- Signet ring: Gold, 1st century A.D. These rings were worn by both men and women. The rings featured the owner's name, or had an engraving of the owner's mark. This ring showcases a hero.
- Necklace: Gold, pearl and emerald, 1st century A.D. Pompeiians liked to add gemstones to their jewelry. Pearls and emeralds, and the crescent moon were representative of the goddess Venus.
- Gladiator helmet: Bronze, 1st century A.D. The ornate helmet was found in the gladiatorial barracks. The helmet features an eagle and Priapus, the Greek god of fertility, for protection.
'Pompeii: The Exhibition'
When: Saturday, Nov. 18 through Monday, May 28.
Where: Arizona Science Center, 600 E. Washington St., Phoenix.
Admission: The exhibit is separate from Arizona Science Center admission. $11.95 for adults; $9.95 for children ages 3 to 17. Free for children younger than 2. Arizona Science Center member pricing is $9.95 for adults; $7.95 for children. Admission to the Arizona Science Center is $18 for adults; $13 for children ages 3 to 17; $16 for seniors.
Details: 602-716-2000, azscience.org.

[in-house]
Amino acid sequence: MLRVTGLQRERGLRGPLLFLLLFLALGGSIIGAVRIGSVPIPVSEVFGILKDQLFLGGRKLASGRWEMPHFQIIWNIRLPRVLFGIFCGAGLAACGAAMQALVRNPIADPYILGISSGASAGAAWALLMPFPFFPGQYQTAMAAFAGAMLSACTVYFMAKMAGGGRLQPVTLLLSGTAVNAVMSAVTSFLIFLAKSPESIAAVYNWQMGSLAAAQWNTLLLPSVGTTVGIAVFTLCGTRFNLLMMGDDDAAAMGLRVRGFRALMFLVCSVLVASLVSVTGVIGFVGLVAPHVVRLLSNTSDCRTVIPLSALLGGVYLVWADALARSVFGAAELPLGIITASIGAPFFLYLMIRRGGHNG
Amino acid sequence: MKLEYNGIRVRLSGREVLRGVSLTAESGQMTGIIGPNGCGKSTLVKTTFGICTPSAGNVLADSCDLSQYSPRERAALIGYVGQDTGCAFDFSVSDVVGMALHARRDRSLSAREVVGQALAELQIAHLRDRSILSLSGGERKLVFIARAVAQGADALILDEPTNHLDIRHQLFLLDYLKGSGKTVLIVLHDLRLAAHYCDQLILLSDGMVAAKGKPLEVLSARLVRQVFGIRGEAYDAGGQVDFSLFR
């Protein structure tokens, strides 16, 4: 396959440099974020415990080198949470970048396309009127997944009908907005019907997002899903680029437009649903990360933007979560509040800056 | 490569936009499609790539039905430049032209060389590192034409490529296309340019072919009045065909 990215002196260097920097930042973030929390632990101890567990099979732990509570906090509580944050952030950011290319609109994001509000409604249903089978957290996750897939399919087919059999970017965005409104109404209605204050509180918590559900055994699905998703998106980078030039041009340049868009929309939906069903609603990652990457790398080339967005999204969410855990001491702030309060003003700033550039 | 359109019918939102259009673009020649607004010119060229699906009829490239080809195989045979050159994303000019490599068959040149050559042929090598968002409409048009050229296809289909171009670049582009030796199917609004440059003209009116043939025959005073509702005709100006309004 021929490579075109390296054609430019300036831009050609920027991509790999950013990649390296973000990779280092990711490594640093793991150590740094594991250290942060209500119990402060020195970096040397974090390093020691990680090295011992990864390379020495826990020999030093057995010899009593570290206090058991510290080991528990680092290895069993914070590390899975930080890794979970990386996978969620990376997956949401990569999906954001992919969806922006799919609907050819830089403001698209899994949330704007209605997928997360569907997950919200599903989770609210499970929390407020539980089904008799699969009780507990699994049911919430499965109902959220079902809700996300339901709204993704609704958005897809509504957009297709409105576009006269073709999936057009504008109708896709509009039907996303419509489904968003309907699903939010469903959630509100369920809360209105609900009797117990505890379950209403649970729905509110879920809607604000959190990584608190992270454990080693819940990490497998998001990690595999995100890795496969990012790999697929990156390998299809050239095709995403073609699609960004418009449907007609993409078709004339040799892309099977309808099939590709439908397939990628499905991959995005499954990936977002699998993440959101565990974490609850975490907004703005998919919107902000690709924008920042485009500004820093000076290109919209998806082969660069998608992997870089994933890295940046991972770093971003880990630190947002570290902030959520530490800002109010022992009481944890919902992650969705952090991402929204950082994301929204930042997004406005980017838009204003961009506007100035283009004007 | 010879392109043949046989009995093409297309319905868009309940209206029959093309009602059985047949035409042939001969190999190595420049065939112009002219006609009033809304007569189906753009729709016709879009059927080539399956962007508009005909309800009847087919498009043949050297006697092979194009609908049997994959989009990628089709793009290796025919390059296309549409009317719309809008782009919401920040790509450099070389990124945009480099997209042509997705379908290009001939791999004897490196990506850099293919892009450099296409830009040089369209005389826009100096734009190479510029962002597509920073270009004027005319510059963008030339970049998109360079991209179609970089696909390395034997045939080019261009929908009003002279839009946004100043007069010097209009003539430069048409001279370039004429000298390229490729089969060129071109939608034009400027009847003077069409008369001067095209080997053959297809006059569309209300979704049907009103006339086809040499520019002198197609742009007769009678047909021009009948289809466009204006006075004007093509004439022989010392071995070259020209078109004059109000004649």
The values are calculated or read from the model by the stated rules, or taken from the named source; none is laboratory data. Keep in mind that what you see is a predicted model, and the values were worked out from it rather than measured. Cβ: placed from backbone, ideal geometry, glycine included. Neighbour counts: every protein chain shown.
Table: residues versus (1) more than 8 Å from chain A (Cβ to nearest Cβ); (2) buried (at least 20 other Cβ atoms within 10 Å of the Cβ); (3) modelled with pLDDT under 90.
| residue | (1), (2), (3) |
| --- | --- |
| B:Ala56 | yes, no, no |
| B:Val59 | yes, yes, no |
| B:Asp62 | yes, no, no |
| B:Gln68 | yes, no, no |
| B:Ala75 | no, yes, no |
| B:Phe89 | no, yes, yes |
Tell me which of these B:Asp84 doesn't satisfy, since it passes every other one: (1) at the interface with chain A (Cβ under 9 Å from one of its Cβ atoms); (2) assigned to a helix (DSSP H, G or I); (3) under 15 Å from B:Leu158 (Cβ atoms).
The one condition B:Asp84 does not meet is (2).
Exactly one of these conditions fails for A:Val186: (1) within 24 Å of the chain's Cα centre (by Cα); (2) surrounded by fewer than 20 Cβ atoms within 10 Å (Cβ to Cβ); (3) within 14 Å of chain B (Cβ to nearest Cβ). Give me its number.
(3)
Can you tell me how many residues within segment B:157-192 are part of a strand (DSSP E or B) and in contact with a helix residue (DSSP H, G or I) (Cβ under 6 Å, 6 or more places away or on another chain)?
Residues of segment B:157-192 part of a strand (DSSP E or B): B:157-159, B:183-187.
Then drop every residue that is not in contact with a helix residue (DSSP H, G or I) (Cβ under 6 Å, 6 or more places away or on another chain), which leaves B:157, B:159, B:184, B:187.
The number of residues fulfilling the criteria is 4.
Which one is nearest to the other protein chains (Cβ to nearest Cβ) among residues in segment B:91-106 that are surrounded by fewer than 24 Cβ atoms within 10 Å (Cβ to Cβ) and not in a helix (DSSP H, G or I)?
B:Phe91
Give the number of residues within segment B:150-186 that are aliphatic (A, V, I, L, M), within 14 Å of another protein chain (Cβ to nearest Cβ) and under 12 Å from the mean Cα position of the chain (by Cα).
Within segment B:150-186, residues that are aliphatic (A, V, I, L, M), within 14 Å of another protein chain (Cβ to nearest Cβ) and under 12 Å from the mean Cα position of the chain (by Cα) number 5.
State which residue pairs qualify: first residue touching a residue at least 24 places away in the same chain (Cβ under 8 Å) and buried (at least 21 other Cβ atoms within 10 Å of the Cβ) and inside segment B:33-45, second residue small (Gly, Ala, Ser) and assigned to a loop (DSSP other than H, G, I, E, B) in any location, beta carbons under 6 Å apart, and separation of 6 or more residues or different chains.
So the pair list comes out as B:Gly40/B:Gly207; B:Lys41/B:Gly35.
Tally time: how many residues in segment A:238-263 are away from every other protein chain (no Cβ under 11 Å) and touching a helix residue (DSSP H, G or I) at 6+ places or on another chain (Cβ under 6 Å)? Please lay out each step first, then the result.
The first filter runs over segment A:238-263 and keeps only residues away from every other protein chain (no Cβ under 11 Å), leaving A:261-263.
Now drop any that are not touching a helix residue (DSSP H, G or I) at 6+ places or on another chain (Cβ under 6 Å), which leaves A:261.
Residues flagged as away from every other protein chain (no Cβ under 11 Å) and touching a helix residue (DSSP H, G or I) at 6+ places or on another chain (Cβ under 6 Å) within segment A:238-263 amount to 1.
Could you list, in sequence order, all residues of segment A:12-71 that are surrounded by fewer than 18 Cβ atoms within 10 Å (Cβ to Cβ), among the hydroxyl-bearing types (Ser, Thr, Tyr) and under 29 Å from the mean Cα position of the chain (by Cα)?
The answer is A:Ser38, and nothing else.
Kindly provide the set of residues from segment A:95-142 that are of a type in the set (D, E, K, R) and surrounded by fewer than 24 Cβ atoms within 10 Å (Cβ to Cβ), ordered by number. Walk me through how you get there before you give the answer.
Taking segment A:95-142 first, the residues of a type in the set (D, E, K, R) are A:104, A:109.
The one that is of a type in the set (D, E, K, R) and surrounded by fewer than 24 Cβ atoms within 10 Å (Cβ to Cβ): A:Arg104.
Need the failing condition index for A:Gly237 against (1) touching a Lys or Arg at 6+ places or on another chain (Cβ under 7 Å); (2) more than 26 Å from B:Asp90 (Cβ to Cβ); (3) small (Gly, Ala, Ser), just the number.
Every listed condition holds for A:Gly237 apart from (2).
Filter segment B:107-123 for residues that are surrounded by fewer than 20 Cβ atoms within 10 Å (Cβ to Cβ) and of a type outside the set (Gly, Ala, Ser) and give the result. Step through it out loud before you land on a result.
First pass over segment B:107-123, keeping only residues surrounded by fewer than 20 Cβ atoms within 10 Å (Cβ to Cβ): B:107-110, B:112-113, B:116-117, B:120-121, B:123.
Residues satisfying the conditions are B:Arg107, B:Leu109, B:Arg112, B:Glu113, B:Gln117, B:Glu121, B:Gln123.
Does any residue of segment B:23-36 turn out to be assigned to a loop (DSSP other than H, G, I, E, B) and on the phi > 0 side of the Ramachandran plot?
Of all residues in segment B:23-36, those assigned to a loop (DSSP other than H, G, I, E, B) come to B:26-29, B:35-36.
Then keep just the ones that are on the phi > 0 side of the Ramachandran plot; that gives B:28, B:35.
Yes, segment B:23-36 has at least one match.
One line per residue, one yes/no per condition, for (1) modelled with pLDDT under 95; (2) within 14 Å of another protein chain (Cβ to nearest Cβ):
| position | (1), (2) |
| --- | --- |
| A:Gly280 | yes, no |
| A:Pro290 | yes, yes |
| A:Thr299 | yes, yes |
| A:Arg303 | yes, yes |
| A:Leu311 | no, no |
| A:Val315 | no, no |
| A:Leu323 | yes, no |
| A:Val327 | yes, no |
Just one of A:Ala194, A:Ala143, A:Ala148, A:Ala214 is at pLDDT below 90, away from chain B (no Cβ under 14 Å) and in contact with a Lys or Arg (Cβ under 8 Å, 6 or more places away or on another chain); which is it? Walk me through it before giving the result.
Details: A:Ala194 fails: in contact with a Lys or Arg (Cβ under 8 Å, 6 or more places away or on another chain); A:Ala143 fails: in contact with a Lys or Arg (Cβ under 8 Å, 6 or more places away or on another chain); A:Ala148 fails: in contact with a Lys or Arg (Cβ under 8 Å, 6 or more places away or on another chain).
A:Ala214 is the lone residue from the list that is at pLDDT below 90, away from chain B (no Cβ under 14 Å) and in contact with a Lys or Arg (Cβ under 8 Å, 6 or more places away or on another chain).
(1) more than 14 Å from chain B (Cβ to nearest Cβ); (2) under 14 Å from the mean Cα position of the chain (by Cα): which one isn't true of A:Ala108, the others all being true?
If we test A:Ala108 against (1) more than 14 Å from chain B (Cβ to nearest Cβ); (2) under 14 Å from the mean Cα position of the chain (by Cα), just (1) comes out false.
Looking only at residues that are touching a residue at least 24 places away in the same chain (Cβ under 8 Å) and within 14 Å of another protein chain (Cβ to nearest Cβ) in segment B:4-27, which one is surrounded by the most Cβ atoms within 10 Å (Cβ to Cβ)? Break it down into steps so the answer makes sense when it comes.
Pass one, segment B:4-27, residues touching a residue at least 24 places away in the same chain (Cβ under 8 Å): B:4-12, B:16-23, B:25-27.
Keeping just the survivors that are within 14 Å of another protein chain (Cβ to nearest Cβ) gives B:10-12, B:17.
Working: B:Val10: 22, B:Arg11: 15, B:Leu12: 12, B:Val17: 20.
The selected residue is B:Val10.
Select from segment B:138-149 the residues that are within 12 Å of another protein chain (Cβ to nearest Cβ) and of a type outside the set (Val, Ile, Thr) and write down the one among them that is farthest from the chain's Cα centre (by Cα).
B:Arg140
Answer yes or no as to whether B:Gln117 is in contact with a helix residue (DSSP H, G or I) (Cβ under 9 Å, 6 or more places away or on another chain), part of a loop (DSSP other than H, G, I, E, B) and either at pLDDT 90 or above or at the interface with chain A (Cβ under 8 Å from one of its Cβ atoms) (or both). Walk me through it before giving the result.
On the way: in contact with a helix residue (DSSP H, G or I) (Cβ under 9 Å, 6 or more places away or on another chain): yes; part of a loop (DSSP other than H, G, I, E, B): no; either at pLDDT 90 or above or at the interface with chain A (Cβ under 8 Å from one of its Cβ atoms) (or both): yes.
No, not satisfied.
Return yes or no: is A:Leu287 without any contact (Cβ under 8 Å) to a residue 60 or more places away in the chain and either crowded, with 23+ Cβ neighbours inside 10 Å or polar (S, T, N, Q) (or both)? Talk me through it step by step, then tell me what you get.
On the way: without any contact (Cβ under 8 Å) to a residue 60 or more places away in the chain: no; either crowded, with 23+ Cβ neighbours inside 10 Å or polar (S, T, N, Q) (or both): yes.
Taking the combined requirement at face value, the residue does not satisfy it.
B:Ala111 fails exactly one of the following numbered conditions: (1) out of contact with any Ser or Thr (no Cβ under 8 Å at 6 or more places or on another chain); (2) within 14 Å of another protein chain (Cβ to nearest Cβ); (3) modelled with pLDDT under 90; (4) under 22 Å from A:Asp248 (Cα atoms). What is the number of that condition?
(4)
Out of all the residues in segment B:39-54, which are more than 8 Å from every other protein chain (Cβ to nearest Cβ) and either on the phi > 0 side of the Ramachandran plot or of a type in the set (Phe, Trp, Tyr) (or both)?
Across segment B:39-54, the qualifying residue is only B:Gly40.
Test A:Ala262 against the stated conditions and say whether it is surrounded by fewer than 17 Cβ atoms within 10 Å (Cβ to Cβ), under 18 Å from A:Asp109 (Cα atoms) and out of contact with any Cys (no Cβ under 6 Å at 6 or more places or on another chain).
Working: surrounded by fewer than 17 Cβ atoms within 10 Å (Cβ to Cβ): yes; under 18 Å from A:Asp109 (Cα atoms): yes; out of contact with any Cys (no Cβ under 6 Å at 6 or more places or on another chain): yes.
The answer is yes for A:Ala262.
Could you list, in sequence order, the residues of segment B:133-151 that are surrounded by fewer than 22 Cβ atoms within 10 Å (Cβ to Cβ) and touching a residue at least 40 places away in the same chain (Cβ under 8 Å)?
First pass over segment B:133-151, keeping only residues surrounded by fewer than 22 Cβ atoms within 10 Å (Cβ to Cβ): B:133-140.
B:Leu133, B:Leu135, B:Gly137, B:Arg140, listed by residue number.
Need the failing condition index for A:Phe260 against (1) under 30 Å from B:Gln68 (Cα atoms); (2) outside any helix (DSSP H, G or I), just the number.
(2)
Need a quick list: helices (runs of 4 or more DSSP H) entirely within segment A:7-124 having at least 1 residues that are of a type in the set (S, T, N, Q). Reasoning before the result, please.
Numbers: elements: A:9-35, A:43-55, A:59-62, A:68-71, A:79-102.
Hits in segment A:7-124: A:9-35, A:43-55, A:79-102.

11/10-12: Fountain Festival of Arts and Crafts | Browse booths full of original artwork, sculptures and paintings from more than 500 artists at this annual outdoor festival, which more than 200,000 people attend each year. Listen to live music while having a bite to eat and visiting the beer garden. Guests can browse clothing, jewelry and more. The event is held rain or shine. | Details:10 a.m. to 5 p.m. Friday to Sunday, Nov. 10-12. Outdoors in downtown Fountain Hills along Avenue of the Fountains. Free. 480-837-1654, fountainhillschamber.com. Cydney McFarland/The Republic 11/10-12: 39th Annual Gilbert Days Rodeo | Rodeo fans will enjoy plenty of exciting and fast-paced events at the yearly Gilbert Days Rodeo. Presented by the Gilbert Promotional Corporation, the rodeo features family-friendly rodeo action. | Details: November 10-12. 7 p.m. Friday; 5 p.m. Saturday; 2 p.m. Sunday. 26601 S. Val Vista Drive, Gilbert. $12 and $18, free for military with ID and age 6 and under. gilbertdays.org. Ben Moffat/The Republic 11/11-12: 7th annual Bentley Scottsdale Polo Championships: Horses and Horsepower | This year’s polo championships feature matches including Santa Barbara vs. Polo Azteca, reigning champs Aspen Valley Polo Club vs. the Monte Carlo Polo Team and more. Enjoy a sneak peek of the 2018 Scottsdale Arabian Horse Show and Barrett-Jackson 2018 Collector Car Auction along with local Ferrari and Lamborghini car clubs. Be sure to also check out the dog fashion show and live performances. | Details: Saturday-Sunday, Nov. 11-12. WestWorld of Scottsdale’s Polo Field, 16601 N. Pima Road, Scottsdale. Tickets start at $25, general admission for 12 and under is free. thepoloparty.com. Dave Seibert 11/12: So You Think You Can Dance Tour – Season 14 | Come see the ten finalists from Season 14 of the popular television show. 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Camelback Road, Phoenix. $69 for participants, free for spectators. $10 for military and students. $20 parking per car. ruggedmaniac.com. Courtesy of ruggedmaniac.com 11/18: Woofstock | Bring the whole family—both two- and four-legged—to Woofstock in Chandler. The event includes plenty of dog and family-friendly activities including a Walk of Honor – A Salute to Veterans, demonstrations, stage performances and vendors. Check the website for additional details, which will be posted soon. | Details: 9 a.m.-1:30 p.m. Saturday, Nov. 18. Tumbleweed Park, 745 E. Germann Road, Chandler. Free. chandleraz.gov. The Republic 11/18: 3rd Annual Phoenix Pizza Festival | Come celebrate the popular and scrumptious food at the annual Phoenix Pizza Festival. Around 15 pizza vendors will be selling slices and pies. You'll also finddessert food trucks, lawn games, live music andarts and crafts for the kids. | Details: 11 a.m.-5 p.m. Saturday, Nov. 18. Margaret T. Hance Park, 1202 N. Third St., Phoenix. $10, online purchase only. 480-442-9176, phoenix.pizza. Jeremiah Toller 11/18-19: ArtFest of Scottsdale | Celebrate the arts and do some early Christmas shopping. More than 150 artists and dozens of local authors will display their works, all to the sound of regional musicians. Sample delicious food from Valley restaurants or just enjoy the beautiful weather in downtown Scottsdale. Kids can enjoy hands-on activities, and dogs are welcome. | Details: 10 a.m.-5 p.m. Saturday and Sunday, Nov. 18-19. Scottsdale Civic Center Plaza, 7380 E. Second St. Free. 480-968-5353, 888artfest.com. Alexis Macklin/The Republic 11/22-1/15: ZooLights | Mark your calendars for Nov. 22 — that is when the popular holiday-season ZooLights exhibit will return to the Phoenix Zoo. ZooLights features millions of lights, hundreds of light displays, Music-in-Motion displays by the lake, a lighted tree, carousel rides, and more. | Details: 5:30-10:30 p.m. Wednesday, Nov. 22-Monday, Jan. 15, 2018. Tickets are available starting Oct. 1; check website for details. Phoenix Zoo, 455 N. Galvin Parkway, Phoenix. 602-286-3800, phoenixzoo.org. Michael Chow/The Republic 11/23: Turkey Trot 5K & Fitness Walk | Head to Fountain Hills for the 26th annual Turkey Trot and burn off some of those Turkey Day calories. The event, which takes place on Thanksgiving morning, allows participants to get in some healthy exercise before diving into their big holiday meal at home. | Details: 7:30 a.m. Thursday, Nov. 23. Fountain Hills Community Center, 13001 N. La Montana Drive, Fountain Hills. $25 for 5K, $15 for 12 and under, $15 for 1 mile fitness walk. experiencefountainhills.org Experience Fountain Hills with Wrap Arizona Photography 11/24-1/6: Glendale Glitters | The award-winning and popular holiday festival is returning to Glendale. 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This one’s mostly for Houston fans. | Details: Tuesday, Nov. 28, through Sunday, Dec. 3.ASU Gammage, Mill Avenue and Apache Boulevard, Tempe. Prices TBA. 480-965-3434,asugammage.com. Joan Marcus 12/2-3: Experience Scandinavia | Celebrate the music and culture of Norway, Sweden, Denmark and Finland with musical performances, crafts, traditional dances and a special menu at the cafe. | Details: 9 a.m.-5 p.m. Saturday and Sunday, Dec. 2-3. Musical Instrument Museum, 4725 E. Mayo Blvd., Phoenix. $20; $15 for ages 13-19; $10 for ages 4-12; free for ages 3 or younger and members. 480-478-6000, mim.org. Musical Instrument Museum 12/22: ‘A Cirque Nutcracker’: Ballet Arizona’s stellar “Nutcracker” is a highlight of every season, but if you’re looking for a new twist on a holiday favorite, the Phoenix Symphony is hosting LA-based Troupe Vertigo for a Cirque du Soleil-style spectacle with highflying acrobats whizzing over the orchestra’s heads. Details: 7:30 p.m. Friday, Dec. 22; 2 and 7:30 p.m. Saturday, Dec. 23. Mesa Arts Center, 1 E. Main St. $30-$99. 602-495-1999, phoenixsymphony.org. Mesa Arts Center 1/30-2/25: 'Hamilton' | The countdown has begun: “Hamilton,” Broadway’s hip-hop smash about the Founding Fathers, will be coming to Tempe’s ASU Gammage on Jan. 30, 2018, for a four-week run. | Details: Tuesday through Sunday, January 30-February 25. ASU Gammage, Mill Avenue and Apache Boulevard, Tempe. Single show tickets not yet available. 480-965-3434, asugammage.com. Joan Marcus